WASHINGTON – Senate Banking Committee Chairman Tim Johnson (D-SD) held a hearing to examine the lack of safe, affordable, high-quality housing opportunities in Indian Country. The Committee heard from officials at federal agencies responsible for Indian housing, infrastructure, and community and economic development, and discussed strategies for leveraging resources and coordinating efforts to better meet the needs of Native communities.
Senator Johnson discussed the Bureau of Indian Affairs’ responsibility to manage American Indian trust lands. Johnson asked Jodi Gillette, Deputy Assistant Secretary of Indian Affairs at the Department of the Interior, how delays in approving leases have impacted housing construction and economic development. Johnson said he had heard “horror stories” regarding delays in approving leases.
Senator Johnson emphasized the importance of federal agencies consulting with tribes, and discussed the Department of Housing and Urban Development’s revised consultation process. In an exchange with HUD Assistant Secretary for Public and Indian Housing Sandra Henriquez, Johnson noted that “meaningful tribal consultation is key” to ensuring that the department’s studies accurately reflect the true housing needs in Indian Country.
Other witnesses at the hearing included Doug O’Brien, Deputy Under Secretary for Rural Development at the U.S. Department of Agriculture, and Robert McSwain, Deputy Director for Management Operations for the Indian Health Service.
Last year, Johnson was named Chairman of the Senate Committee on Banking, Housing and Urban Affairs. Senator Johnson is also a member of the Indian Affairs Committee and the Appropriations Committee. All three committees represent an important intersection for Indian housing issues.
More information, archived video, and witness testimony is available on the Banking Committee website, here.
Below is Chairman Johnson’s statement as prepared for delivery:
“Today, the Committee will continue examining an issue of great importance to me and so many in my home state of South Dakota—the lack of safe, affordable, high-quality housing opportunities in Indian Country. During my time in Congress, I have worked to improve the housing options available to American Indians, including being an original cosponsor of the Native American Housing Assistance and Self-Determination Act (NAHASDA) of 1996. Unfortunately, as those living in Native communities know all too well, the critical housing needs far outpace the resources devoted to the problem.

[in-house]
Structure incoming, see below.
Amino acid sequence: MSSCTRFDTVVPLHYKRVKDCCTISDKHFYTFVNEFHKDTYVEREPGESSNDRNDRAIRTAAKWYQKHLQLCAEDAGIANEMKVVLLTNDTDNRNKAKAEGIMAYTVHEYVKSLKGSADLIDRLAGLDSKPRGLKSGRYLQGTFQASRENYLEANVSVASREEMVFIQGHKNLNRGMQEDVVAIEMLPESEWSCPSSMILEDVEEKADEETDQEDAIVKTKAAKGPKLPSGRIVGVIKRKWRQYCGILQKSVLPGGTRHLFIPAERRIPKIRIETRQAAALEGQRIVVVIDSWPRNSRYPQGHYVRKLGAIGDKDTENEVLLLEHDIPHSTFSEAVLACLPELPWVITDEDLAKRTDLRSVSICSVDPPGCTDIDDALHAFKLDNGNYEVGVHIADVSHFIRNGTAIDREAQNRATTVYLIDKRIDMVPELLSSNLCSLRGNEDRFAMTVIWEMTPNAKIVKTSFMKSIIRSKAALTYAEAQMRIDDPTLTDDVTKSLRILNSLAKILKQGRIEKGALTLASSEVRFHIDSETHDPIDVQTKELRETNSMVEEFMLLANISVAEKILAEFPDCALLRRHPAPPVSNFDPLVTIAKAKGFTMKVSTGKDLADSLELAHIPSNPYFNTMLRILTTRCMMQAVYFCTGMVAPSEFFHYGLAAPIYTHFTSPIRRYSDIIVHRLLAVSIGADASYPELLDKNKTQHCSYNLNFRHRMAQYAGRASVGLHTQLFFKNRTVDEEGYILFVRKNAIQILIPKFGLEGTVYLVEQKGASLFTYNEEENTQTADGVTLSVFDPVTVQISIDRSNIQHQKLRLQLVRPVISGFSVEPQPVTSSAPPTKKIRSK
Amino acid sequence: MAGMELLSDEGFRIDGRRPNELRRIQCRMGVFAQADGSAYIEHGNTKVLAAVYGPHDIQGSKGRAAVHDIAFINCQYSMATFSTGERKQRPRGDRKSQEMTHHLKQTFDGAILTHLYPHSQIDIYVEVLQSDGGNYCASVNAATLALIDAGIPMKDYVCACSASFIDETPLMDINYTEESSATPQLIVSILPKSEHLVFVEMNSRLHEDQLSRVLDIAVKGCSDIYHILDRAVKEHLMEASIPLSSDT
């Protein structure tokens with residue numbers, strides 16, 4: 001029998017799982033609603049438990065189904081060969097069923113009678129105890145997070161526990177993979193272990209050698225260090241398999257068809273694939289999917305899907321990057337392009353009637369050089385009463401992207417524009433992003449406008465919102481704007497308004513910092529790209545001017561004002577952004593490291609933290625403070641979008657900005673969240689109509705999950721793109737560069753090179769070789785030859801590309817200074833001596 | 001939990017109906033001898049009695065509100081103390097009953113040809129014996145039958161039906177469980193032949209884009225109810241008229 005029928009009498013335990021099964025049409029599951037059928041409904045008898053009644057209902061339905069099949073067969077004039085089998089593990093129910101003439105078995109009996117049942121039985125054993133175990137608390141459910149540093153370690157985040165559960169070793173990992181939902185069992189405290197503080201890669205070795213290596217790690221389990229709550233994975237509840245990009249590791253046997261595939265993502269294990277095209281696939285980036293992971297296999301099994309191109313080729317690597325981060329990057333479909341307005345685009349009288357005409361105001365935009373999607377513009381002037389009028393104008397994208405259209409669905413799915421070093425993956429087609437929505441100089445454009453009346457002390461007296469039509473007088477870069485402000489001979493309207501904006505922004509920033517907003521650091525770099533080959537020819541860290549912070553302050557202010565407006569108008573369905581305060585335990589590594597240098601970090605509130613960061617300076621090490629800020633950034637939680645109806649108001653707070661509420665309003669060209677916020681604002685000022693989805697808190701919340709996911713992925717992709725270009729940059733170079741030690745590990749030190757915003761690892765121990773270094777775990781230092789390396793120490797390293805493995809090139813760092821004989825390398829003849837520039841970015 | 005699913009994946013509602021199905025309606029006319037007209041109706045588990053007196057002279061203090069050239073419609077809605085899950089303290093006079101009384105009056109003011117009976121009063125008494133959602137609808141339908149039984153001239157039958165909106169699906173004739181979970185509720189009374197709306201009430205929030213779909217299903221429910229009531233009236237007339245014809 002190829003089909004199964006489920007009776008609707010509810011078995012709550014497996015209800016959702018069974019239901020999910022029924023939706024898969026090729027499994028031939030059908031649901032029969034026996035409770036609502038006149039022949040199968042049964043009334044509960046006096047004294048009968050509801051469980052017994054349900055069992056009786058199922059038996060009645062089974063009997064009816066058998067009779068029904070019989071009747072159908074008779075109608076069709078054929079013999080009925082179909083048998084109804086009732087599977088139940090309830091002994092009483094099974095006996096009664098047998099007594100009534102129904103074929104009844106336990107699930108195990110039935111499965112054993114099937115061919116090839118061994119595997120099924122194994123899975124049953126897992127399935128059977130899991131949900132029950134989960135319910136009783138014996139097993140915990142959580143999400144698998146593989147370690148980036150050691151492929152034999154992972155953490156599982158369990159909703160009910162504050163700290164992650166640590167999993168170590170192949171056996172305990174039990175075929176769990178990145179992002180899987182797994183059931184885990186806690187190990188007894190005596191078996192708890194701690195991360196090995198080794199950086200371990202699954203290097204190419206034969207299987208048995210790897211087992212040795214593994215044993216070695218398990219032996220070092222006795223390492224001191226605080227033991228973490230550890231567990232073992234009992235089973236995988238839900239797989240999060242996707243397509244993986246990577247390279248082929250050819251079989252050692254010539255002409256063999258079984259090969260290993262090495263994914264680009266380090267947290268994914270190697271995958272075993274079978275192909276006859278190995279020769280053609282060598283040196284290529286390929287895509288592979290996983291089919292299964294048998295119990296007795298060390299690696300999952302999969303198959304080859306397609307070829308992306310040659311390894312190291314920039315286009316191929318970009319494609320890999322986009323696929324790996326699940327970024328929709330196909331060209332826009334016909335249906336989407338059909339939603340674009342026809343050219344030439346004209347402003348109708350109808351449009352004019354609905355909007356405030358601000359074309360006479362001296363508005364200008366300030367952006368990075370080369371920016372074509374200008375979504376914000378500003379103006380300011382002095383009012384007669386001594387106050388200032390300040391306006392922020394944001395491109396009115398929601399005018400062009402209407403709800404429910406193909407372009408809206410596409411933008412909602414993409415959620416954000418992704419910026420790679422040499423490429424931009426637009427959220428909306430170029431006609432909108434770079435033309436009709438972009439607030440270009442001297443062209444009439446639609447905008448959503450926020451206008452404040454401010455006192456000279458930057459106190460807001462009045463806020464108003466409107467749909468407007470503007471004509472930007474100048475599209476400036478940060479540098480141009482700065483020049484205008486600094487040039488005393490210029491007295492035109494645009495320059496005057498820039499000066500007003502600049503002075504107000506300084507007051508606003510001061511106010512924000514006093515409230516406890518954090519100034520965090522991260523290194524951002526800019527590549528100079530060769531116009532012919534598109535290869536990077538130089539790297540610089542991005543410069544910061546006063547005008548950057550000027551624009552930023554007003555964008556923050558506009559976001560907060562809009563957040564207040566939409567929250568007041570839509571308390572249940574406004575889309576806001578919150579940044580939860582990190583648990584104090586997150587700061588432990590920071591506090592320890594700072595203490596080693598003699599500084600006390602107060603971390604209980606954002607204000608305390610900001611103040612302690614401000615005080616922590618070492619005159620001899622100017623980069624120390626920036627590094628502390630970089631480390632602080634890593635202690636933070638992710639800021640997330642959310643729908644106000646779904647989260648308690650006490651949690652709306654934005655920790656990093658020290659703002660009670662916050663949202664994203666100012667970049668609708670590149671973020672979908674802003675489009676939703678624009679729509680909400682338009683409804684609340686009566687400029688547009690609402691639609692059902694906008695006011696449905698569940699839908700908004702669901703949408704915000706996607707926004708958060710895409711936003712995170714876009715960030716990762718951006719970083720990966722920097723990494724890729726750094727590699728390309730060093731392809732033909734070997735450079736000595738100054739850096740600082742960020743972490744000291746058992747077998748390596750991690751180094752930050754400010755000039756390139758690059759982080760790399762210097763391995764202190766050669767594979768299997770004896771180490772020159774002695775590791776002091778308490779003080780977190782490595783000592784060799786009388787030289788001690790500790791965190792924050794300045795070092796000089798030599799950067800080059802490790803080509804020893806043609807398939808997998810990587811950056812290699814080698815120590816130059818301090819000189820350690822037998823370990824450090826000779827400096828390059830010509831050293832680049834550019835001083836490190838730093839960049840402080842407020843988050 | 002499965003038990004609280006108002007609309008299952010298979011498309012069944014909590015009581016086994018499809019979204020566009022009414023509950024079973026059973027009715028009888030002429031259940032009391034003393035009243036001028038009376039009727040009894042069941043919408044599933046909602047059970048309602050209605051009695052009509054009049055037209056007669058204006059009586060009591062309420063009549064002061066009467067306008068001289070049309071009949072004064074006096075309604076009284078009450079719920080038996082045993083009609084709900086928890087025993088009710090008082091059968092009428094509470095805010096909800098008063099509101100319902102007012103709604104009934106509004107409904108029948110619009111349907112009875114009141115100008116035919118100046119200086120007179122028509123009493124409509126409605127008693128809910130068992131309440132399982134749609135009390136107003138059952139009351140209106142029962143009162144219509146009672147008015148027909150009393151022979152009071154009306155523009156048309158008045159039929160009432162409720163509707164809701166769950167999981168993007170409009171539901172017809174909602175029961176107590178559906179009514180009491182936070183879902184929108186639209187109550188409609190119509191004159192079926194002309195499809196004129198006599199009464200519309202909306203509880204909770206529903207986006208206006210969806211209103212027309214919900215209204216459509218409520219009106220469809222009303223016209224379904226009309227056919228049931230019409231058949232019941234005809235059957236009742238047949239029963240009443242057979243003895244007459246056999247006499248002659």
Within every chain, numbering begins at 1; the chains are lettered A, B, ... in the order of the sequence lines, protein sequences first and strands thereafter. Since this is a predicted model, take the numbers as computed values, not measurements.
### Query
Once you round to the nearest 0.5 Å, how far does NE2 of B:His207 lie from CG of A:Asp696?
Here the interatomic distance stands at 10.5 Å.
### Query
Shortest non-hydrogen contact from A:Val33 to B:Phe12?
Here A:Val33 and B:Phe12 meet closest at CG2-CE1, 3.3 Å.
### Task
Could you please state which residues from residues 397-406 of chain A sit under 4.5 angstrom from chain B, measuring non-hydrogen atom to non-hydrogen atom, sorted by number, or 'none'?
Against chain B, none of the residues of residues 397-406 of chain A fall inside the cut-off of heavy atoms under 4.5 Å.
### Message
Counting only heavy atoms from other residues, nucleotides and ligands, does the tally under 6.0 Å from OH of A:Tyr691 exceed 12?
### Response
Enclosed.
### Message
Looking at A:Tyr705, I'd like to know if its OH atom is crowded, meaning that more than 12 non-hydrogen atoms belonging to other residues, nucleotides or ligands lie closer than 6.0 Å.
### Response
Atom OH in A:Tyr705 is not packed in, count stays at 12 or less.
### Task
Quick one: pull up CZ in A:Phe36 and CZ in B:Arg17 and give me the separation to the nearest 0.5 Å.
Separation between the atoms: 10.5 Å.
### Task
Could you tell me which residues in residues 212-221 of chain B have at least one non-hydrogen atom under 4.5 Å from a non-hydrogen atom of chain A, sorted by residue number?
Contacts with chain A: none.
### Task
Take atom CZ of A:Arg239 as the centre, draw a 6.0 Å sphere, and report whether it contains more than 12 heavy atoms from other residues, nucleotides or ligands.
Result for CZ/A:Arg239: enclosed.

“The Census Bureau reported in 2008 that Native Americans are almost twice as likely to live in poverty as the rest of the population. For the same year, the GAO reported that nearly 46 percent of Native households were overcrowded, a rate that was almost three times as high as the rest of the country. According to the 2009 Annual Homeless Assessment Report, American Indians make up less than one percent of the general population, but eight percent of the country’s homeless population. Together, we must work to reverse this trend.
“In 2010, I chaired a joint Banking and Indian Affairs Committee field hearing in Rapid City, South Dakota to examine creative solutions to the Indian housing crisis. Prior to the hearing, I brought HUD Secretary Donovan to the Rosebud Sioux Reservation so that he could see first-hand the immediate challenges facing Native communities. We heard from several witnesses who all echoed the need for housing funds. I support their calls for sufficient funding and will continue fighting for such funding as a member of the Appropriations Committee. But, it is also important that we collaborate and leverage existing resources to provide housing in these tough economic times. These resourceful ideas are not meant to free the federal government of its treaty and trust responsibility. Rather, these ideas should serve as another avenue for us to work together to address the housing crisis facing Indian Country.
“As Chairman of this Committee, I’m committed to ensuring that programs across many federal agencies that address Indian housing, infrastructure, and community development are easily accessible to tribes and their housing organizations. It’s also critically important that federal agencies engage in a government-to-government relationship and participate in meaningful consultation with tribes on housing issues and other important matters. That’s why I’ve invited all of you to testify today. Each of your agencies plays an important role in Indian housing or housing-related infrastructure and community development. I look forward to hearing from you about how your agencies collaborate to make sure your work provides the most efficient and effective housing assistance possible in Indian Country.
“Longer term, the Committee is beginning to lay the foundation for the reauthorization of NAHASDA next year. It will be important for all of us concerned about Indian housing to work closely on this reauthorization, including tribes and their housing agencies.”